Aerospace Summit protesters claim Rocket Lab has 'unethical and unacceptable' military links

A group of protesters in Christchurch have accused Rocket Lab of lying about their work for the US military, and are demanding better transparency. 

But Rocket Lab fired back at what they believe is misinformation, saying society needs military-enabled satellites like GPS for technology that makes modern life easier, such as air travel, GPS mapping and Tinder.

The protesters were seen beating drums, blowing bubbles and chanting outside the annual New Zealand Aerospace Summit.

A variety of sounds coming from chanting men and women could be heard as police ensured the peaceful protest only disturbed the peace and quiet.

"We're here today to protest outside the Aerospace Summit which is sponsored by Lockheed Martin, to protest against the growth of the aerospace industry which is contributing to climate chaos," Auckland Peace Action's Eliana Darroch said.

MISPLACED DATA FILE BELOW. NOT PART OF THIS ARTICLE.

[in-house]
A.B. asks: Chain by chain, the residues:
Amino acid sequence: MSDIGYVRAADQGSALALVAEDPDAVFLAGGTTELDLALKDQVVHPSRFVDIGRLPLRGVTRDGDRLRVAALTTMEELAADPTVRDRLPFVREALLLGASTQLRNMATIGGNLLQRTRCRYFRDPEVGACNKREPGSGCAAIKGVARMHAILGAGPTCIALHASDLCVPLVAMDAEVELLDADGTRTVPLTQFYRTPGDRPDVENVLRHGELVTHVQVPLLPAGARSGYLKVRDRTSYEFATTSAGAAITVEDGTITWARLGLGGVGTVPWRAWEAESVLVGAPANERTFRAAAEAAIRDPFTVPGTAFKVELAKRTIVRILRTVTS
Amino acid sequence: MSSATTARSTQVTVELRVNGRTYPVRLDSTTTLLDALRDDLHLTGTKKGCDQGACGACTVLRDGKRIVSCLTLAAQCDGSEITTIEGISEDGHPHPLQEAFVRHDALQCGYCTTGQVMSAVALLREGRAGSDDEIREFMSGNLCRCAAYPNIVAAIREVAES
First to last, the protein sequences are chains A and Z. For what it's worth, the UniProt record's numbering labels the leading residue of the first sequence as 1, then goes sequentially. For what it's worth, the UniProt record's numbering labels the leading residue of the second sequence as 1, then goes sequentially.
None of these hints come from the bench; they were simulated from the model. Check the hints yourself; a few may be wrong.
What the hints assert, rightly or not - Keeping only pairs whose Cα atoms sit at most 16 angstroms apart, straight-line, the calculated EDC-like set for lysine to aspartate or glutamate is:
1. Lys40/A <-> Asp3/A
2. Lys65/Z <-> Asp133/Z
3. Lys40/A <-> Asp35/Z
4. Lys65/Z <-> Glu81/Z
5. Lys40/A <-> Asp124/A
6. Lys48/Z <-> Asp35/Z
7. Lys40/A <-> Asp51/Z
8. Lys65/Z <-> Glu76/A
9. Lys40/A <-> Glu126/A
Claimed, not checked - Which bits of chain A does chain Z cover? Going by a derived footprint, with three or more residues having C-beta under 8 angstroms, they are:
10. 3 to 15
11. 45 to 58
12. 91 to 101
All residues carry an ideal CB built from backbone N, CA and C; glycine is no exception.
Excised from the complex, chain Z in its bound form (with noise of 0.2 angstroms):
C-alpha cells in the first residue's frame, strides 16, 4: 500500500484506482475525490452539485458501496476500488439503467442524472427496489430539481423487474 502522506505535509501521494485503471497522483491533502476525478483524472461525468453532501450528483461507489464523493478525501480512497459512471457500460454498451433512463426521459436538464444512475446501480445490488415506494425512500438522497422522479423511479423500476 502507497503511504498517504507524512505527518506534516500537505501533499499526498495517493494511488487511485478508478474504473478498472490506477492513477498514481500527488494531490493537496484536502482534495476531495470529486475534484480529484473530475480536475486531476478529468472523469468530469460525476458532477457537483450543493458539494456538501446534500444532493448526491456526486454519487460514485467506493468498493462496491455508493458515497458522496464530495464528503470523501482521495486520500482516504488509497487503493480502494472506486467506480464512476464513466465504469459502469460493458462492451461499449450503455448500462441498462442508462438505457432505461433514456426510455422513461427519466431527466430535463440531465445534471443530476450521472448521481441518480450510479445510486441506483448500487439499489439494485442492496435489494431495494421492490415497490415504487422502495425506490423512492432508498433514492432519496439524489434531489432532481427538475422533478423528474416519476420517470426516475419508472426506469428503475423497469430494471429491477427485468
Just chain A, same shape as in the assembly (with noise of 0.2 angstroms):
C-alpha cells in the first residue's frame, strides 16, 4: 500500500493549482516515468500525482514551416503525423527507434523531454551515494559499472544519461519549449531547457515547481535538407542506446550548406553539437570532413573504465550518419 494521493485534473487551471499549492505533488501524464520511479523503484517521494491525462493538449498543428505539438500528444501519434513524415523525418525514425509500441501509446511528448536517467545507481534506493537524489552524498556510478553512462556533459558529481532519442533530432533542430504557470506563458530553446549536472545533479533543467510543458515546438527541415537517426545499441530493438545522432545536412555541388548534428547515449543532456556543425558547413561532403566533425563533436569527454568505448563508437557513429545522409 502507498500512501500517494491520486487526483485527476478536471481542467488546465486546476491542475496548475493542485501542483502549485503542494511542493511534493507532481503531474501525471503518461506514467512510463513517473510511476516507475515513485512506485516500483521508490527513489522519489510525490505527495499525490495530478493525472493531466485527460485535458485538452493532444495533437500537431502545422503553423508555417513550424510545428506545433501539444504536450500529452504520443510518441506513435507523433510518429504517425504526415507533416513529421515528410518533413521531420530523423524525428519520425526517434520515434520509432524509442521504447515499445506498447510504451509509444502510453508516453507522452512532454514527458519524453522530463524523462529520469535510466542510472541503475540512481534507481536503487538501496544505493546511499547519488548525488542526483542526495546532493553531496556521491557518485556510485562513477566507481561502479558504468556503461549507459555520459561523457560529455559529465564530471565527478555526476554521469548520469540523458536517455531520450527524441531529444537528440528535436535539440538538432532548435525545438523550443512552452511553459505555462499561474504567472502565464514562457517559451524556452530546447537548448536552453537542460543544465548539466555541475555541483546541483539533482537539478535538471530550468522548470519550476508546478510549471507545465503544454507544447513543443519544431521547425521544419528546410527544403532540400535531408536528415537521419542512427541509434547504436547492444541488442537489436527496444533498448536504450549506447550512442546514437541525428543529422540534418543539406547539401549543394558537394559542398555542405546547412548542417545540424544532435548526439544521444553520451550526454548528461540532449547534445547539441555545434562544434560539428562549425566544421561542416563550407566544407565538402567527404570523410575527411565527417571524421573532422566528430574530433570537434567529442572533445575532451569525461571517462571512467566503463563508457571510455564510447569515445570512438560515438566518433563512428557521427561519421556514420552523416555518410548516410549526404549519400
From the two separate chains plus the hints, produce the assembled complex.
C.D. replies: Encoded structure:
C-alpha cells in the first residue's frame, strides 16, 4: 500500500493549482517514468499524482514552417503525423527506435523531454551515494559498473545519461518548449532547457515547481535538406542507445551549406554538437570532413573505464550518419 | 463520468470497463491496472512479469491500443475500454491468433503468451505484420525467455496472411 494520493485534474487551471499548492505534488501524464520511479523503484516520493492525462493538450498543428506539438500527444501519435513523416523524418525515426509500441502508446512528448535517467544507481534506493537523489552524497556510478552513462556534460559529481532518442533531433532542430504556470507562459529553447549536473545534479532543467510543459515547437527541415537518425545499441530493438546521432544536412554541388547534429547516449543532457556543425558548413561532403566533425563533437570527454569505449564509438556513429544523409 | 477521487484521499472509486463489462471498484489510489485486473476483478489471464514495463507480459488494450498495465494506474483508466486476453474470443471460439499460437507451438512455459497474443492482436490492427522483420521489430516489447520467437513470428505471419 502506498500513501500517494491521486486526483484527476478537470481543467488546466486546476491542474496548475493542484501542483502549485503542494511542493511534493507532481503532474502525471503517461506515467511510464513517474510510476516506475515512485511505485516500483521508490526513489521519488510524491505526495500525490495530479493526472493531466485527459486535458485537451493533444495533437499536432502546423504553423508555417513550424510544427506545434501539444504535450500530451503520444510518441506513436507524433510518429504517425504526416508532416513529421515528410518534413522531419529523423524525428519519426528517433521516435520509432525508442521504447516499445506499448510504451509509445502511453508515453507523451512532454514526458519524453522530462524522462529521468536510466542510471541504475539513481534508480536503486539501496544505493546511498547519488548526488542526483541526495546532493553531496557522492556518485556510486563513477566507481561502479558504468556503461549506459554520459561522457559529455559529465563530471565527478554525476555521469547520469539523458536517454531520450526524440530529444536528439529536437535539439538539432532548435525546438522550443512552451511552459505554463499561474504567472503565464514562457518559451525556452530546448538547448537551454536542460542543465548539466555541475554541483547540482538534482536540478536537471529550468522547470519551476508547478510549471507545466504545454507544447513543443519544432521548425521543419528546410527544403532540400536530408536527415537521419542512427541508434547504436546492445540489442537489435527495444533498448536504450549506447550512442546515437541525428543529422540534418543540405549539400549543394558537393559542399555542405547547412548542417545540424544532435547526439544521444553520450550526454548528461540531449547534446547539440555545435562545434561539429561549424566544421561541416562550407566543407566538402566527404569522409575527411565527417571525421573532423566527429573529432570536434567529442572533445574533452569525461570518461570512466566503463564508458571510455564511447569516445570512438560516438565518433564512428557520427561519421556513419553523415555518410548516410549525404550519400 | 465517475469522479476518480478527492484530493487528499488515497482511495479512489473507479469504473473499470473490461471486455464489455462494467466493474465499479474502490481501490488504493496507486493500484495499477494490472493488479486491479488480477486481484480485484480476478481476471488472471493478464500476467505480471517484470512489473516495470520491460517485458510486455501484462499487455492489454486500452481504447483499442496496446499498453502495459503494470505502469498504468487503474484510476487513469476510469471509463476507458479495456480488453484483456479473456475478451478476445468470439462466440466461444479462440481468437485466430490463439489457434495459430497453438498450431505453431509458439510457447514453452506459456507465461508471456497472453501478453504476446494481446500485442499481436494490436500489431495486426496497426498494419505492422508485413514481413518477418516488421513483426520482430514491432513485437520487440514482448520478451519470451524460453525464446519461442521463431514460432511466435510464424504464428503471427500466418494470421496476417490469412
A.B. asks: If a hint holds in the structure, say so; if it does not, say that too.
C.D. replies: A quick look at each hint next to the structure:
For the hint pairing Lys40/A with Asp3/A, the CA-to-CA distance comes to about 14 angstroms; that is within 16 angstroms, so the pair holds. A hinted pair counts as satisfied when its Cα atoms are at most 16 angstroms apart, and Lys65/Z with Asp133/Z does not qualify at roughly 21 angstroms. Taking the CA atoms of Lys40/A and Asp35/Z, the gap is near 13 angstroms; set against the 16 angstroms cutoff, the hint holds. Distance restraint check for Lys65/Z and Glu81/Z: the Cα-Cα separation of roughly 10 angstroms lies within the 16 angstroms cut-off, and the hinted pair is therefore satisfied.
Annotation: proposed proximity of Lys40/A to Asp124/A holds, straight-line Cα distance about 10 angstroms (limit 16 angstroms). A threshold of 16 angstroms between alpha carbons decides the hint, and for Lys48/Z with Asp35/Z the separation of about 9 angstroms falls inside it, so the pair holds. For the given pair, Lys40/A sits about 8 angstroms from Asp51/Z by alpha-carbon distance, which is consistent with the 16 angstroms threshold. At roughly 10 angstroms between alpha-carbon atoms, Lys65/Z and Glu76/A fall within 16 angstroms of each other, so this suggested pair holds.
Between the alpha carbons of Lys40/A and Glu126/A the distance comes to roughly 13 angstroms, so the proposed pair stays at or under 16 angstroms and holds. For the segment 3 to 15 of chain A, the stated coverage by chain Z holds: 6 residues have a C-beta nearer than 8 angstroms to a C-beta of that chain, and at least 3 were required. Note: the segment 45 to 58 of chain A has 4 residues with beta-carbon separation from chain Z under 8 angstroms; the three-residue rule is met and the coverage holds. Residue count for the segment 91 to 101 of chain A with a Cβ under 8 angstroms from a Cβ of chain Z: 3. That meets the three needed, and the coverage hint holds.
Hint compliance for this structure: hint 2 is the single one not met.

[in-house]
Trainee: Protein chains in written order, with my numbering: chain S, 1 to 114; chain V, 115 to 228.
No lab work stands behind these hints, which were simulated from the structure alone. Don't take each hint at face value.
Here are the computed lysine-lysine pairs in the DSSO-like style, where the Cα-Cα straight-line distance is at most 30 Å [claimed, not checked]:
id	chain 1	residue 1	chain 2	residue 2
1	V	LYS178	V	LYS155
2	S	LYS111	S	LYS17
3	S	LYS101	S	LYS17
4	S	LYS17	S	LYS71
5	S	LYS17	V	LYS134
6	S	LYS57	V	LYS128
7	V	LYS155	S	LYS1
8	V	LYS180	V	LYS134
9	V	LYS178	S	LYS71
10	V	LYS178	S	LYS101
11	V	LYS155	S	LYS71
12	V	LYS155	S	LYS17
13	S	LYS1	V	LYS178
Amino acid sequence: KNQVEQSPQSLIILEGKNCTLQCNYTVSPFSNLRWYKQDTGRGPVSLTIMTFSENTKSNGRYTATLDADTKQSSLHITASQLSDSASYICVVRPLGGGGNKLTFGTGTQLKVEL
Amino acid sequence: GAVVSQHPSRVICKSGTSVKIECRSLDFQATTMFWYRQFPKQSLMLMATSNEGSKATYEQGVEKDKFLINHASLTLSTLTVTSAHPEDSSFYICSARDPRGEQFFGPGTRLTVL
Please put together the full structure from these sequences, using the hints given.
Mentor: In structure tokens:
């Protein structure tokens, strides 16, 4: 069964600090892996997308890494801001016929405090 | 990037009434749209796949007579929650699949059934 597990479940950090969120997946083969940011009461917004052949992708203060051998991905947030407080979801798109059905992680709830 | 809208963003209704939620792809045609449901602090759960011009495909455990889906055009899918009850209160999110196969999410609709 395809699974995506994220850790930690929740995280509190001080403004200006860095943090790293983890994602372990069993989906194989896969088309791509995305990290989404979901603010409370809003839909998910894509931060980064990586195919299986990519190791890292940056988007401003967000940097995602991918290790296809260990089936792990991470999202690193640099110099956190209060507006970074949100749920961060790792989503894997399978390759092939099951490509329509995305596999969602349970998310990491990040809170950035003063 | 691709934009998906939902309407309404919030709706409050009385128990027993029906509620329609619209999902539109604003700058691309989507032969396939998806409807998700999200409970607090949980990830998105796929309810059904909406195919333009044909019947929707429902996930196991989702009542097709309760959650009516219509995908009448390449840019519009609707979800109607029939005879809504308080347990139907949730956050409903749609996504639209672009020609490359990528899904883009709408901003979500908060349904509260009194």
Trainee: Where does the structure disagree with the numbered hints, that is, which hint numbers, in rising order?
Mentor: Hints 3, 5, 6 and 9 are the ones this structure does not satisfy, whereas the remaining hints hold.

The 500-plus attendees were unphased as they were entertained.

"The theme today is launching a sustainable future," New Zealand aerospace entrepreneur Mark Rocket said.

"There's a real interest in trying to develop aerospace technologies that benefit humanity, the environment and the planet."

But the protesters are calling for transparency and accusing Rocket Lab of lying. 

"The majority of launches that Rocket Lab have been doing are for military purposes and we think that is unethical and unacceptable," Darroch said.

In a statement Rocket Lab said it does not and will not launch weapons, not only is it the company's commitment, but it's also against New Zealand law. 

Experts say that society is reliant on national security and military satellites for defence purposes and for other aspects of everyday life.

Without space-based systems like GPS, there would be no Tinder, Sky TV, GPS maps, bank transactions and Starlink when our cell phone towers go down in a storm.